What does this say about the trend of society in the United States?
    How does this bode for the separation of Church and State?
    Is it possible that the U.S. will become a Christian Theocracy?
    Thoughts to ponder…

    ReplyDelete
    Replies
    1. What was happening in the 1890s?

      Well, for one thing, the Civil War had been over for a generation and people were getting tired of having politicians "waving the bloody shirt." They wanted to put this behind them. This was approximately when what historians sometimes call the Civil War settlement gets informally worked out - the South admits that they lost, becomes willing to rejoin the Union in spirit as well as law, and promises not to do it again, while the North admits that the South fought nobly and concedes the whole Lost Cause mythology (this, for example, is when the pernicious nonsense of the Civil War being fought for states' rights starts to gain traction). The pledge ("one nation, indivisible") was meant to help with this healing.

      For another thing, this is the time of the New Immigrants - the wave of southern/eastern European immigrants (and Chinese, in the west) that washed over the US between 1880 and 1914. They were very different from the Old Immigrants who arrived before the Civil War - poorer, less educated, non-Protestant, and notably darker-skinned (think Italian vs German). Native born citizens worried about these New Immigrants being able to assimilate into American life, and the Pledge was meant to help that.

      What happened in the 1950s?

      Essentially the McCarthyite Red-baiting hysteria against "Godless Communism" happened. Shoehorning God into the pledge and the motto was a way to separate us from them.

      As for your other questions:
      1. It says nothing good.
      2. It bodes ill.
      3. Yes.

      Delete
  27. #10 Businesses are disadvantaged by having to pay, among other things, higher employee compensation.
    #12 All employers MUST pay for health insurance for all employees.

    Anyone else notice that inconsistency?
    Chandra in MO

    ReplyDelete
  28. I'm a non-denominational pagan - I would be happy to be nominated for the religious freedom Ambassador at large position.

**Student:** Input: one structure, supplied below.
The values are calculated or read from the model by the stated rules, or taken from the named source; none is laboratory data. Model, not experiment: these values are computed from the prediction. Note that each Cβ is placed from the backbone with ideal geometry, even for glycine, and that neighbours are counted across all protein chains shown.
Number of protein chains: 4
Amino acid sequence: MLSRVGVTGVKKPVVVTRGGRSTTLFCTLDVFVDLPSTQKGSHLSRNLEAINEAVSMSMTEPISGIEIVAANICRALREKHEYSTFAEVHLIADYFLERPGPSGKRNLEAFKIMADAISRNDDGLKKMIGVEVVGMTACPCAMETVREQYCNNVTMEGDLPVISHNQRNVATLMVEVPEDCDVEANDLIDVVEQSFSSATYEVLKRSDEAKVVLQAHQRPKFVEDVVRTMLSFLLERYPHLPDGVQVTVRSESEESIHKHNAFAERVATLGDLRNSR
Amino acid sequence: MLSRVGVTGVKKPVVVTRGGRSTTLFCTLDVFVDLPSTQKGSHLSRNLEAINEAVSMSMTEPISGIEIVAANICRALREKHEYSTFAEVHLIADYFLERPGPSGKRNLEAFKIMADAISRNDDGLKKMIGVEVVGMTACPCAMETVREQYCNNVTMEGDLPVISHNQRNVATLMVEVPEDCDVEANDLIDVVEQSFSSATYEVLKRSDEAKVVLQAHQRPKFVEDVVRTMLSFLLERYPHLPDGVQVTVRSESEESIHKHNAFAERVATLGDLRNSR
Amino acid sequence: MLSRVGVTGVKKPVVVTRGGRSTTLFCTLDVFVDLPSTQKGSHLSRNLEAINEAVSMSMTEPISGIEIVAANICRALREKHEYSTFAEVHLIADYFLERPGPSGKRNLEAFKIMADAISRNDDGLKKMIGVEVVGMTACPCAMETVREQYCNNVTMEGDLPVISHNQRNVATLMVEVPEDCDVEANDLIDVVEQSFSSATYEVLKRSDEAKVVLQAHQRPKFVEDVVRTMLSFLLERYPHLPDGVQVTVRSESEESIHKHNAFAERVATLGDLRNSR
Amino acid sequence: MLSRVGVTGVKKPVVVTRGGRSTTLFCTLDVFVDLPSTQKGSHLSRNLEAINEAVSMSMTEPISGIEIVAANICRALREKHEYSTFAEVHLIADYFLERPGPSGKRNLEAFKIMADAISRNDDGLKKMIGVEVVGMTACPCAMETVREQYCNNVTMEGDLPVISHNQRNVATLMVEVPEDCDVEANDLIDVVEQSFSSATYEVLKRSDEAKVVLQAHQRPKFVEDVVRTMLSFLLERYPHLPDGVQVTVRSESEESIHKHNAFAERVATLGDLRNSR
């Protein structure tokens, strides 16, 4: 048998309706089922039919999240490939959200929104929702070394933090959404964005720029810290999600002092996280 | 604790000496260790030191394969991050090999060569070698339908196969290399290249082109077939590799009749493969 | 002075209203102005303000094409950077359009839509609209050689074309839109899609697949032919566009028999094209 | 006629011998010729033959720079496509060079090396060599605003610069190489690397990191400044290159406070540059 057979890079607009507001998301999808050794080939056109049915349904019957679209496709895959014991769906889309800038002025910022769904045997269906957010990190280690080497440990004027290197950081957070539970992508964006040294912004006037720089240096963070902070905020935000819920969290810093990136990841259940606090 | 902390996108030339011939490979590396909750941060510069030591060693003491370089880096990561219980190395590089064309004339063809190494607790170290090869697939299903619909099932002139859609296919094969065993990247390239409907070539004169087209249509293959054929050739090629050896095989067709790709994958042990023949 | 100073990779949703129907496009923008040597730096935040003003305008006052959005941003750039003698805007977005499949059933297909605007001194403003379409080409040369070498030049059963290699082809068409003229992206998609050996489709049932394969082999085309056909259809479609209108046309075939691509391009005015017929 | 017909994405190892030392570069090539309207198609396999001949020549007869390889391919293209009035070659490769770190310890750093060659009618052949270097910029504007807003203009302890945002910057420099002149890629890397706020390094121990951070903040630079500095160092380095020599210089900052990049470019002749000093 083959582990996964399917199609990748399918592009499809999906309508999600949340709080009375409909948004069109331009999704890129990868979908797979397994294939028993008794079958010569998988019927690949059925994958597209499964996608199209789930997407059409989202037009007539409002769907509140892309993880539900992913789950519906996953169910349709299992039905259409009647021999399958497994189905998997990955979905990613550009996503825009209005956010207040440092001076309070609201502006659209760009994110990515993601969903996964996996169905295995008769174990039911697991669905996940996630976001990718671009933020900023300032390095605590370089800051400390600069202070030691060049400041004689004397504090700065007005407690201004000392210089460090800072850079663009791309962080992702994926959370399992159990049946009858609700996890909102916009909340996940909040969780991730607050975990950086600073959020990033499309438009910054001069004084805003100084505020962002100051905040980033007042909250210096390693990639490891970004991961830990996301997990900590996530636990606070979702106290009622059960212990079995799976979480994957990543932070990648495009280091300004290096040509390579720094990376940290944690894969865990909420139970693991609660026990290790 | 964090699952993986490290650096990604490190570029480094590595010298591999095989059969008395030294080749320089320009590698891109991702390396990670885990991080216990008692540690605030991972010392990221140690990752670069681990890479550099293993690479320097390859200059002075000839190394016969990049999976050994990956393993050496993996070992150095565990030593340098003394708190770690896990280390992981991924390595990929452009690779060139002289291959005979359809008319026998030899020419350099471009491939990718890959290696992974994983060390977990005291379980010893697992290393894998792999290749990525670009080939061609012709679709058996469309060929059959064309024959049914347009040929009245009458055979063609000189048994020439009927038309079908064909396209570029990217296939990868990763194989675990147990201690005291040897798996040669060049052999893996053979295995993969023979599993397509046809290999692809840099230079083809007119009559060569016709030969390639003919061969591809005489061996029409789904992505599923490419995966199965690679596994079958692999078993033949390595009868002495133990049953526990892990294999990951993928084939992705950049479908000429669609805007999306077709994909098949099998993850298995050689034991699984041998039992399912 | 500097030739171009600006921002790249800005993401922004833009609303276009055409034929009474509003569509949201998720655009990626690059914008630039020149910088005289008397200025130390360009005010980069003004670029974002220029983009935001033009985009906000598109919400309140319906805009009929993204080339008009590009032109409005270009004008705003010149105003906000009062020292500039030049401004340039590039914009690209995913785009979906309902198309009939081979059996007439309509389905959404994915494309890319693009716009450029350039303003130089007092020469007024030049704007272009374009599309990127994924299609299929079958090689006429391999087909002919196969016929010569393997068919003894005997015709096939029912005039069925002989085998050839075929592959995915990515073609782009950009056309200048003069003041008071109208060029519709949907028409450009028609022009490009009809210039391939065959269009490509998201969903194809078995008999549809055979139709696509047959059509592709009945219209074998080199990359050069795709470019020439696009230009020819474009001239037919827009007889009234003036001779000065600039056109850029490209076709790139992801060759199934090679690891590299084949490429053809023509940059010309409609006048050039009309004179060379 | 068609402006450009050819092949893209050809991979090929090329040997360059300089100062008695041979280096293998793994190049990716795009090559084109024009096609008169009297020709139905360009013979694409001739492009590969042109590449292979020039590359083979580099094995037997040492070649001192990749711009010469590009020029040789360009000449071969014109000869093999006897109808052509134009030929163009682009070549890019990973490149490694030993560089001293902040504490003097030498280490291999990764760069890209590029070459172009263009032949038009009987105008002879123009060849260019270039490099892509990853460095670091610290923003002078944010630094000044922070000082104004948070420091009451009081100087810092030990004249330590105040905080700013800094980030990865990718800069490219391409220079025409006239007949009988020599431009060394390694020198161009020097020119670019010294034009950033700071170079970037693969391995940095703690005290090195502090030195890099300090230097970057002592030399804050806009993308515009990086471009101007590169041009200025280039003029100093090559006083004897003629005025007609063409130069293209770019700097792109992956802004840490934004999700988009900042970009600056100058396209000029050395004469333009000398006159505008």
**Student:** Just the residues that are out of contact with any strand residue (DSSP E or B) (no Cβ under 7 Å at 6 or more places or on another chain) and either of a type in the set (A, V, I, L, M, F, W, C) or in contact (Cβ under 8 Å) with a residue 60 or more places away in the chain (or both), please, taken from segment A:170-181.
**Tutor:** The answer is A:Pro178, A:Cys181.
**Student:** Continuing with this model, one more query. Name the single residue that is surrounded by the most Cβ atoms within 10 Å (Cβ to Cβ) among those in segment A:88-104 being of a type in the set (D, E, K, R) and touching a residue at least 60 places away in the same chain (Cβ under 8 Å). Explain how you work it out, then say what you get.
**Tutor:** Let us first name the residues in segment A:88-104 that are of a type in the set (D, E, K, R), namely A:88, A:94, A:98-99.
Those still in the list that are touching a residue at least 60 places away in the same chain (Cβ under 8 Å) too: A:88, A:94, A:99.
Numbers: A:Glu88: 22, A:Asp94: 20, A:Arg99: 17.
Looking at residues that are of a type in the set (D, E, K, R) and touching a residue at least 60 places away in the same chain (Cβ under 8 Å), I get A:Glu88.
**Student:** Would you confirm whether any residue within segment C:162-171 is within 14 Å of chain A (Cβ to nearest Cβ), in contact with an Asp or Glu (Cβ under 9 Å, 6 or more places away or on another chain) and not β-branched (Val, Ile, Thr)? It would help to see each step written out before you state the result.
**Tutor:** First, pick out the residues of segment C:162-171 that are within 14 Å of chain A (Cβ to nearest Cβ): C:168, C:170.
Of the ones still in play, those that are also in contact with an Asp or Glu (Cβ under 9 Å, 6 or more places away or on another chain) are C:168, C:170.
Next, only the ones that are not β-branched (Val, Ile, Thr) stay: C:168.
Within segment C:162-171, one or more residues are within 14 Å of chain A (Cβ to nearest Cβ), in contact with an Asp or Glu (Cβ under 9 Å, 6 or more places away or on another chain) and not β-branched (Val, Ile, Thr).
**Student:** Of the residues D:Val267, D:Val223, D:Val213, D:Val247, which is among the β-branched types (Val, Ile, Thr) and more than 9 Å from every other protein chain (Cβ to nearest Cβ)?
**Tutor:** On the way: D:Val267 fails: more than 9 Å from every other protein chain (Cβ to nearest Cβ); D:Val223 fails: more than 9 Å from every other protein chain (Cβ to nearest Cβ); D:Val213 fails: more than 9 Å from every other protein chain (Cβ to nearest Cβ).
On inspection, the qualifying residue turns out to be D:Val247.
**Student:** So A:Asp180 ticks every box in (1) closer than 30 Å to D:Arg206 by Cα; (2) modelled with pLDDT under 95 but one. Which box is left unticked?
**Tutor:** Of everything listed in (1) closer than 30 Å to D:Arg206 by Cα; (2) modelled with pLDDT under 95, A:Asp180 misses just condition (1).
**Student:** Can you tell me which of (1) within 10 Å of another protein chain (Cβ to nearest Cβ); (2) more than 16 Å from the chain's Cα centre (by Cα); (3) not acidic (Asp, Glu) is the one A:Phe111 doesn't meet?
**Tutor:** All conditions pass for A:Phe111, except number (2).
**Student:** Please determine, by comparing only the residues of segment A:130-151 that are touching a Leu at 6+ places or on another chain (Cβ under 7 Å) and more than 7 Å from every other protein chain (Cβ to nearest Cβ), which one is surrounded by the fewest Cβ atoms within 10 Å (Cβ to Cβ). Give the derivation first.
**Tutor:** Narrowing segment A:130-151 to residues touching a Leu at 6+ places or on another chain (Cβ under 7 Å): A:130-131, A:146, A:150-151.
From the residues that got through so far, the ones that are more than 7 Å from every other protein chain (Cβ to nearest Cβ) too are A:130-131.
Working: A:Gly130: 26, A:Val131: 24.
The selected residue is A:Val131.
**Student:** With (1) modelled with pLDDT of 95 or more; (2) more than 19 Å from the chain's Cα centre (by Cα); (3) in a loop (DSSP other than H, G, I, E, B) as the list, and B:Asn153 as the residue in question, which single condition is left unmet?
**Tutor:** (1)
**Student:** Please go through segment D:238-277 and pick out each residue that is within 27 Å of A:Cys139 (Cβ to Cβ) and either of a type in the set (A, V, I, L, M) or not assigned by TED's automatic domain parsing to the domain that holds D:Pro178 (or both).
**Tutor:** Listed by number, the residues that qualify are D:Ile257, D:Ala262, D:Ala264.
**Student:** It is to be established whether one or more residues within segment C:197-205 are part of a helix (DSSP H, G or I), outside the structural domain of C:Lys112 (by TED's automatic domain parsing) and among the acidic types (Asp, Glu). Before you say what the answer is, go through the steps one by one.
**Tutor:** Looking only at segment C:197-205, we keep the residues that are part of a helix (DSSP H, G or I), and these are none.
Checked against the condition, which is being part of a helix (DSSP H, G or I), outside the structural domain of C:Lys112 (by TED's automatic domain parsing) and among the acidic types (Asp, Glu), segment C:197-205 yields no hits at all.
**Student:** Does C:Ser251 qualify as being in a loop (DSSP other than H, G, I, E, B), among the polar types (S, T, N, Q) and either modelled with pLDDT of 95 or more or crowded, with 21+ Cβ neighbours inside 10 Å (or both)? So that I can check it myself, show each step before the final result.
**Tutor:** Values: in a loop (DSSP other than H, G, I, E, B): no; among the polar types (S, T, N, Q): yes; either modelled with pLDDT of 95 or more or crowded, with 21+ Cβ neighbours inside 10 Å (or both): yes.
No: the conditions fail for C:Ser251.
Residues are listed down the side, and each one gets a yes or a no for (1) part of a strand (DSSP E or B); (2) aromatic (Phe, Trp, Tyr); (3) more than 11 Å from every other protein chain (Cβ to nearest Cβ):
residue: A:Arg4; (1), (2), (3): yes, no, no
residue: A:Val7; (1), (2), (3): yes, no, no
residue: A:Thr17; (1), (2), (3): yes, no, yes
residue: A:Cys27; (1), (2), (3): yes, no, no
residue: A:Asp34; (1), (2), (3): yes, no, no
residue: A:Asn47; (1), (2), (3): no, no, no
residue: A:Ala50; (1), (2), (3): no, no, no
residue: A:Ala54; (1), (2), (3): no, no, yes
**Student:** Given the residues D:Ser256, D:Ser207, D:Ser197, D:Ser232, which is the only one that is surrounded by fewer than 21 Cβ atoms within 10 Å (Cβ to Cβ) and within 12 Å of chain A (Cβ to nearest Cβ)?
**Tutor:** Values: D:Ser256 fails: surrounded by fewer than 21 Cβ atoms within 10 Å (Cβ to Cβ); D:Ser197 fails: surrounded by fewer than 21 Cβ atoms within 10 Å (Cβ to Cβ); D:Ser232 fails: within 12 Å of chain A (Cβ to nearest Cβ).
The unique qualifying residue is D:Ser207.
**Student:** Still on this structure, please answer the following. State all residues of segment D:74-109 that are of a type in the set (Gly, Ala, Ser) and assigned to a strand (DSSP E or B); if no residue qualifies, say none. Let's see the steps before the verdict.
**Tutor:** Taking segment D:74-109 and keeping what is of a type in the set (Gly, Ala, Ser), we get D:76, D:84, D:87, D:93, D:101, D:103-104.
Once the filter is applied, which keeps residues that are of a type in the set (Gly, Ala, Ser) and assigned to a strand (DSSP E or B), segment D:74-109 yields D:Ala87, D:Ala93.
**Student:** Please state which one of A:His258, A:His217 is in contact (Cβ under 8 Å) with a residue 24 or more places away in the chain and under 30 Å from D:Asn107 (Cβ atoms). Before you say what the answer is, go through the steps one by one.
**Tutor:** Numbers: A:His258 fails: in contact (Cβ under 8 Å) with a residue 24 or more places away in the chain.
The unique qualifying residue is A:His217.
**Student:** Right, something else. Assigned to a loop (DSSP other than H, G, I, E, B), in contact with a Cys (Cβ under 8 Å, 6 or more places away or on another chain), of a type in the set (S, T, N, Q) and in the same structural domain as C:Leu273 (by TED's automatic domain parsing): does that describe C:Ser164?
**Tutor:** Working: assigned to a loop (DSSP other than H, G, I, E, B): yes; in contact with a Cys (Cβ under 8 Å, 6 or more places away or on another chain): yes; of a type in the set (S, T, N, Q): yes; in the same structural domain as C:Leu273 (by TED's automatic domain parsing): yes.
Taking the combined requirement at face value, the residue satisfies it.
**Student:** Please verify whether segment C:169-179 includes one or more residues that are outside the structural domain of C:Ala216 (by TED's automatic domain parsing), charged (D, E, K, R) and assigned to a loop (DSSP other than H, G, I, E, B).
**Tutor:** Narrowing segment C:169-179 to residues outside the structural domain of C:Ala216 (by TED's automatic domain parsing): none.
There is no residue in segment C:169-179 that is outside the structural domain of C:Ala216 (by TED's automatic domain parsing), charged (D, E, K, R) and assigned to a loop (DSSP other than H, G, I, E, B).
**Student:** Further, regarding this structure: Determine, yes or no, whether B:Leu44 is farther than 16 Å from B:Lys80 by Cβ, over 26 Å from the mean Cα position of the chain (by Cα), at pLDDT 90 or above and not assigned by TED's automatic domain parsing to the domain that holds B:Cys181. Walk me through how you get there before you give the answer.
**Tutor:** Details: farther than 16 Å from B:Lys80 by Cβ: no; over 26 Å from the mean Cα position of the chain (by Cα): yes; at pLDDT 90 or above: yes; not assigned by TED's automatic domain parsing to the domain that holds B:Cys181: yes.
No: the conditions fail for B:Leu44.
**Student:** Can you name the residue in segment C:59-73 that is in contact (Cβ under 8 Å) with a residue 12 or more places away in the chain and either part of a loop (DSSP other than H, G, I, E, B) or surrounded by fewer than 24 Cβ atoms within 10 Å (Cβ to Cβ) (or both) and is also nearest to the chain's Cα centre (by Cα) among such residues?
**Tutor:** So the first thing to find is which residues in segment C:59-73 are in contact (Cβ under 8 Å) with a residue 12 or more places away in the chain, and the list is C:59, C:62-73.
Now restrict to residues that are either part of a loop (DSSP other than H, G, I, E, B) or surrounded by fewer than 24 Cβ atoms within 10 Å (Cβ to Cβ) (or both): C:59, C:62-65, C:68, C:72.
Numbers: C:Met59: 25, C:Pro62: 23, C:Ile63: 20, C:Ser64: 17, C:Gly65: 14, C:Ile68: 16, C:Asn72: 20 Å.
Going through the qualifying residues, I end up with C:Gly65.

ReplyDelete
    Replies
    1. Maybe we should start one of those White House petitions, just to see the Preznit ignore it...

      Delete
    2. @Meanie: If you were intending to note that "President Obama" is surprisingly hard to say, and gets slurred to "Preznit Obama" fairly often, well spotted.

      Otherwise...what's your point? Do elucidate.

      Delete
    3. @ Don Hilliard

      It comes from "Preznit giv me turkee", a phrase coined by Atrios in 2003, concerning the White House press corps, and the sycophancy attendant thereto.

      Its maculate conception. Can't find the original post, but this is the graphic Atrios used in the post.
      Its preposterous heritage. See, "turkee" quickly became a euphemism for "campaign contribution", and Atrios (Duncan Black, economist/blogger) helped raise quite a bit of "turkee" through Actblue.

      As for the petition, that was a joke (although I'd sign one to appoint a Pagan as RFA@L). The "We the People" page at the White House website will let you start up a petition on anything you want, and promises an official response if you collect 100,000 signatures. UInless they don't want to.

      And the old saying is still true. If yez gotta explain a joke, then maybe it wasn't funny...

      Delete
    4. @Meanie: Ah. Understood. (And no, never heard that gag before.)

      Re the "We the People" online petition site: I think it's an interesting but ultimately dumb idea. The brilliant radio comedian Merle Kessler, in character as his rapid-fire commentator Ian Shoales, nailed the concept down back in the '80s: "Writing a 'Letter to the Editor' is easy: all it takes is paper, anger, and time to kill." The Internet has eliminated "paper" from the equation.

      (And just for lagniappe, Kessler/Shoales' best comment ever: "Football players, like prostitutes, are in the business of ruining their bodies for the pleasure of strangers.")

      Delete
  29. I've been reserving the term Scudderite for when I'm talking about the Dominionists. Generally. It produces a short moment of double-take, into which it's sometimes possible to sneak an explanation that wouldn't otherwise be listened to. This idiot scares me a lot less than they do, but yes, it's an increasingly visible problem.

    Ann C.

    ReplyDelete
  30. This would have hit the nail square on the head a few days ago. However, today, just a few days after the Supreme Court decided that apparently the freedom of religion bit in the first amendment really does only apply to Christians, you're a little behind the times. Unless you're planning a column specifically speaking to that ruling?? (pleasepleasepleasepleaseplease)

    ReplyDelete
  31. I agree with trouvera, I'd love to see your commentary on Town of Greece v. Galloway.

    This post is, in my opinion, one of your best yet. I have been trying very hard lately to find words for my frustration and fear over the blatant dismantling of church-state separation that has been going on in this country. Your post helped.